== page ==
Pitt-Johnstown men’s basketball coach Bob Rukavina has never quite seen a player like Mountain Cats fifth-year senior John Paul Kromka in his more than four decades of coaching at the high school, junior college and NCAA Division II levels.
“He is without question the best defensive player I’ve ever coached,” said Rukavina, now in his 33rd season at Pitt-Johnstown. “I’ve never had a guy that can impact a game like he can.”
The 6-foot-7, 210-pound forward is the Mountain Cats’ all-time leader in blocks with 281 and counting, and ranks fourth all time in program history with 823 rebounds. He is leading Pitt-Johnstown with 91 rebounds this season, while his team-best 39 blocks is good for ninth best in Division II nationally.
Add in that the 2018 Gateway graduate is currently third in the country with a 69% field-goal percentage and ranks in fifth place on Pitt-Johnstown’s all-time scoring list with 1,659 career points, and that makes for a special player.
“To me, if you were to sit down and say what a college athlete should be all about, he defines it,” Rukavina said. “He really does. Today with kids there’s a lot of good players, but a lot of them are for themselves. They’re posting things on social media, and he doesn’t care about all that stuff. He’s refreshing in today’s world just to see a guy, all he cares about is winning.
“He stayed with his teammates that he’s been with for five years,” the coach added. “He’s loyal to his teammates, his school and coaches, and that’s really rare today.”
Kromka was one of three former WPIAL players recently named to the watch list for the Bevo Francis Award, which is presented to the top player in the country at the Division II, Division III, NAIA, USCAA and NCCAA levels.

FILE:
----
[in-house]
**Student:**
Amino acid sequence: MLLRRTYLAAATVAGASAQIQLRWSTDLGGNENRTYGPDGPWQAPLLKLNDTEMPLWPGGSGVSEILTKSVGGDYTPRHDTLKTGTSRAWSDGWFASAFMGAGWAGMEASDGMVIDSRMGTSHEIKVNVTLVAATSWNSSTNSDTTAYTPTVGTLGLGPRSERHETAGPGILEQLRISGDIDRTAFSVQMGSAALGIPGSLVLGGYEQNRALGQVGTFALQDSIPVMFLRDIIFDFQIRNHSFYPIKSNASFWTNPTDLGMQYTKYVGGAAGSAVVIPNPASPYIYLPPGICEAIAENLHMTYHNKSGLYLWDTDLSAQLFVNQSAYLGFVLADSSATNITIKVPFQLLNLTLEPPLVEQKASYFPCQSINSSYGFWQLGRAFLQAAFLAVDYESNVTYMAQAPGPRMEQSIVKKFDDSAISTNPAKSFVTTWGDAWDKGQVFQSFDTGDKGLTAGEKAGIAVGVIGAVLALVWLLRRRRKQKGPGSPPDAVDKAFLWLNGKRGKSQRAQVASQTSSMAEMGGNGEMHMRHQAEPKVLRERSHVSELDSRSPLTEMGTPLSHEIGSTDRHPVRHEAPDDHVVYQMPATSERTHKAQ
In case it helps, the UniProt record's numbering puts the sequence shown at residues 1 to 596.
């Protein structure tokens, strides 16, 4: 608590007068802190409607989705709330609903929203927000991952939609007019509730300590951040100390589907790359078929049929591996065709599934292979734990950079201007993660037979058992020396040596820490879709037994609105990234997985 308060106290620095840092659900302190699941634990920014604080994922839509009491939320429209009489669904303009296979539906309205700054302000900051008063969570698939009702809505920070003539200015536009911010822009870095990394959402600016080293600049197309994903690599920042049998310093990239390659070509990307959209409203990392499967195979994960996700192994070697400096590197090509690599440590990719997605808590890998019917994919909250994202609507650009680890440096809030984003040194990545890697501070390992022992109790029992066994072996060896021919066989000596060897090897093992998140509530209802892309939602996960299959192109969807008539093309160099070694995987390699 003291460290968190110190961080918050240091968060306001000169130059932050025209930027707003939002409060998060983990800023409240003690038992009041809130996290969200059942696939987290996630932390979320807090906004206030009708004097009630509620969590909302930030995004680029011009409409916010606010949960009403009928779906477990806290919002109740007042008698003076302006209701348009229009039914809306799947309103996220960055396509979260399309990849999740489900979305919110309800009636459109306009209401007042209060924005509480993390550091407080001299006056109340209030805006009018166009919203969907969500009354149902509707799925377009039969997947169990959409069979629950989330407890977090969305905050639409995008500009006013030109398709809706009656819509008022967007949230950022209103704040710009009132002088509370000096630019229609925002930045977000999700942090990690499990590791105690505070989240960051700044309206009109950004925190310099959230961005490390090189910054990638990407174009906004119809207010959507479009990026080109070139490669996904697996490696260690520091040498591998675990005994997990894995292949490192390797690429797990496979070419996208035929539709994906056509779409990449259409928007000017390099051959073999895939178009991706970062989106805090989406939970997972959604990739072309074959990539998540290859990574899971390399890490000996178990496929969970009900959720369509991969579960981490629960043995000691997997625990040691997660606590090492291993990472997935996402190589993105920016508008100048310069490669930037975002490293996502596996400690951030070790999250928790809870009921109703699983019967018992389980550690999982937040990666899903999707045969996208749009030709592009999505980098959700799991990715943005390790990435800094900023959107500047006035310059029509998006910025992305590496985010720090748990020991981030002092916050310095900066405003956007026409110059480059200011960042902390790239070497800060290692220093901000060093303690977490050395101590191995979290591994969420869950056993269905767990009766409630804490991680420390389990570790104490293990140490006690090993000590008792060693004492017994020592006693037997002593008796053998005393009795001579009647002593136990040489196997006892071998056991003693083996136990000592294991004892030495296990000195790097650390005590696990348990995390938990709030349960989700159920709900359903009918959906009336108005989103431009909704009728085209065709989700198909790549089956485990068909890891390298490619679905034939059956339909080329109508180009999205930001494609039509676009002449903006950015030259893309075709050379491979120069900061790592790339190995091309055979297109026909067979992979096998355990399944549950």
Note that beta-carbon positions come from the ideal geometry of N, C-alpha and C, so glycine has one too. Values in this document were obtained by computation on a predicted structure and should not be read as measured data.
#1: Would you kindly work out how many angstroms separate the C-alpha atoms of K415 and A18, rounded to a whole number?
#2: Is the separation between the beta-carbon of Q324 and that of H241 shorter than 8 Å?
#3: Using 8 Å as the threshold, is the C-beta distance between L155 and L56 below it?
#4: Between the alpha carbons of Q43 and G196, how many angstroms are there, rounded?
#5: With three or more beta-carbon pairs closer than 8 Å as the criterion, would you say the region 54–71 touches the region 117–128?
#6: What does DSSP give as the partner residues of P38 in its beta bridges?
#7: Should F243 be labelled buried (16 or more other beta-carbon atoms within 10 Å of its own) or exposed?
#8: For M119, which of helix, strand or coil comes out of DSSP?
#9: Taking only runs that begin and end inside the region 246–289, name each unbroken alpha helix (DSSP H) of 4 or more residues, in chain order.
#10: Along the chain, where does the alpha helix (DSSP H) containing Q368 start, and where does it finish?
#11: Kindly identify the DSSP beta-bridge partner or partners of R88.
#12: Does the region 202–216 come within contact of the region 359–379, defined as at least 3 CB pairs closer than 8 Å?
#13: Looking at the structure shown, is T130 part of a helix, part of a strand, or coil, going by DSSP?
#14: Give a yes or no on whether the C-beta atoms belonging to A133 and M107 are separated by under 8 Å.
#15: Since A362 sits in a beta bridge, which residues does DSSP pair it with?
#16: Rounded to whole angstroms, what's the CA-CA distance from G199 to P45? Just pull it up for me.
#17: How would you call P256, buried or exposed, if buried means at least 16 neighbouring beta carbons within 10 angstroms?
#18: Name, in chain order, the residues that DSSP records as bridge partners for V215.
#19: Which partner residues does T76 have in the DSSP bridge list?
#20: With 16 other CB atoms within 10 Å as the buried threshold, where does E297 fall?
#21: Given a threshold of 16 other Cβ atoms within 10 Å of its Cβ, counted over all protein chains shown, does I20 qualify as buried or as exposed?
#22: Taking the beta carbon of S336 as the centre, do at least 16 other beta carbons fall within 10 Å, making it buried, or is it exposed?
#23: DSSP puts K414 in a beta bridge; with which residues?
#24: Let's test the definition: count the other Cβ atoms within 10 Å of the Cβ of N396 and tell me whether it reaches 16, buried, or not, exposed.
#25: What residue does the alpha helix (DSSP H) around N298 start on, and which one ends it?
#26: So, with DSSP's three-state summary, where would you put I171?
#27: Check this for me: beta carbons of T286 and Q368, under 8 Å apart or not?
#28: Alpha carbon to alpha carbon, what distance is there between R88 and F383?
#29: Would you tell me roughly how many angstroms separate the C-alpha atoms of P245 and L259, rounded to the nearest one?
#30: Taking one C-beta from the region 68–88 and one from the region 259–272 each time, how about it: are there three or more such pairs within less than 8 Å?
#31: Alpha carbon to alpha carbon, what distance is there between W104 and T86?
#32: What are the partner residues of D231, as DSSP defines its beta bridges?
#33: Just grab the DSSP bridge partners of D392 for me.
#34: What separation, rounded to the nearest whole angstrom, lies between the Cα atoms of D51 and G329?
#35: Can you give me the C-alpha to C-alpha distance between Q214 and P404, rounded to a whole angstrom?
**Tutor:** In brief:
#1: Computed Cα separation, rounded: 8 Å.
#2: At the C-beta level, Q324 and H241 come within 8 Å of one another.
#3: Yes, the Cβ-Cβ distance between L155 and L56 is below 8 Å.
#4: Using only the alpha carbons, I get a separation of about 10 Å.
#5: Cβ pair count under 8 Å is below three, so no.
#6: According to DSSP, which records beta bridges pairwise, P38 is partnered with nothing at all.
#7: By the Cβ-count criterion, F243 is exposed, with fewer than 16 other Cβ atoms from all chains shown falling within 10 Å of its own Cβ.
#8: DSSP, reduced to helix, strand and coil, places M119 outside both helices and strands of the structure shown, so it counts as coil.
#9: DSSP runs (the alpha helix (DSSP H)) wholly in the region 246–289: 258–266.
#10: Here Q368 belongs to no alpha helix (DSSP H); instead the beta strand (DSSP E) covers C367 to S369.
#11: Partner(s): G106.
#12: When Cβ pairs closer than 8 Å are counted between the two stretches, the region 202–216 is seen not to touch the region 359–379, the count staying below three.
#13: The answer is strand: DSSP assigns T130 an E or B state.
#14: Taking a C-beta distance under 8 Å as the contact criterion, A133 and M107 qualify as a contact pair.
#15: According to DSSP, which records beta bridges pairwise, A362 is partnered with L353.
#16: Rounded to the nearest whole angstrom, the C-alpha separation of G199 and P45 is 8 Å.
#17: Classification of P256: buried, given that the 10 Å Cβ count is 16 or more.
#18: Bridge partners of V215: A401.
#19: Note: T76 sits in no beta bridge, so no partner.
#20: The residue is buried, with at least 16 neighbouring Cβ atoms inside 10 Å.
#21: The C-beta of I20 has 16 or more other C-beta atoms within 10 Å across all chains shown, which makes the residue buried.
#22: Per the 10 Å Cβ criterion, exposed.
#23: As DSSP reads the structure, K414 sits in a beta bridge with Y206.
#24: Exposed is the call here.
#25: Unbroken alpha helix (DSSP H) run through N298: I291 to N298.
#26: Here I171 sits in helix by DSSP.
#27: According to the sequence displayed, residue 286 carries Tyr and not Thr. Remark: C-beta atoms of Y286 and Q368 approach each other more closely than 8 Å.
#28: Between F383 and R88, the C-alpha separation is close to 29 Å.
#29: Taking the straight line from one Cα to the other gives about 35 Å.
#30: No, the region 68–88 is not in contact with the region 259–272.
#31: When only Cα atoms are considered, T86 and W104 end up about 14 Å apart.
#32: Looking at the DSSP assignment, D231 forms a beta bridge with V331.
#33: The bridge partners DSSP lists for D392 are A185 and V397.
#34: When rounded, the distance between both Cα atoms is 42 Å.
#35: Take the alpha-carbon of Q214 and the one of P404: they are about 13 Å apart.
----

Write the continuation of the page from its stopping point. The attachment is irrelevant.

IUP senior guard Shawndale Jones and West Liberty junior guard Bryce Butler were also named to the award watch list. Butler, a Latrobe graduate, is currently second in the nation with 153 field goals and is 20th in Division II with a 60% field-goal percentage. Jones, who played at North Hills and Kiski Prep, is currently 39th in the nation in scoring at 19.6 points per game.
Although any postseason accolades would be special, Kromka said he is more interested in leaving a lasting impact on his program through postseason play. He said he expects Pitt-Johnstown to make a run through the PSAC tournament and potentially earn a bid in the NCAA Division II tournament.
“I think it would just speak to the foundation we’ve been able to build over these last four years, and this is now the fifth year,” Kromka said. “We aren’t going to come out and be this super flashy team that is going to pass the airport test as they say, but we are going to play good fundamental basketball. That would kind of be just icing on the cake after all this is done if we could make the tournament.”
For Kromka, having that kind of success begins on the defensive end of the floor. He said he enjoys the “responsibility” of being the “big man” in the Mountain Cats’ man-to-man defensive sets.
“I think that defense is something I’ve always just valued, kind of just the same, if not more than offense,” Kromka said. “A lot of people can score and that’s great for the team, but if you’re able to play defense that’s a product of playing a complete game.”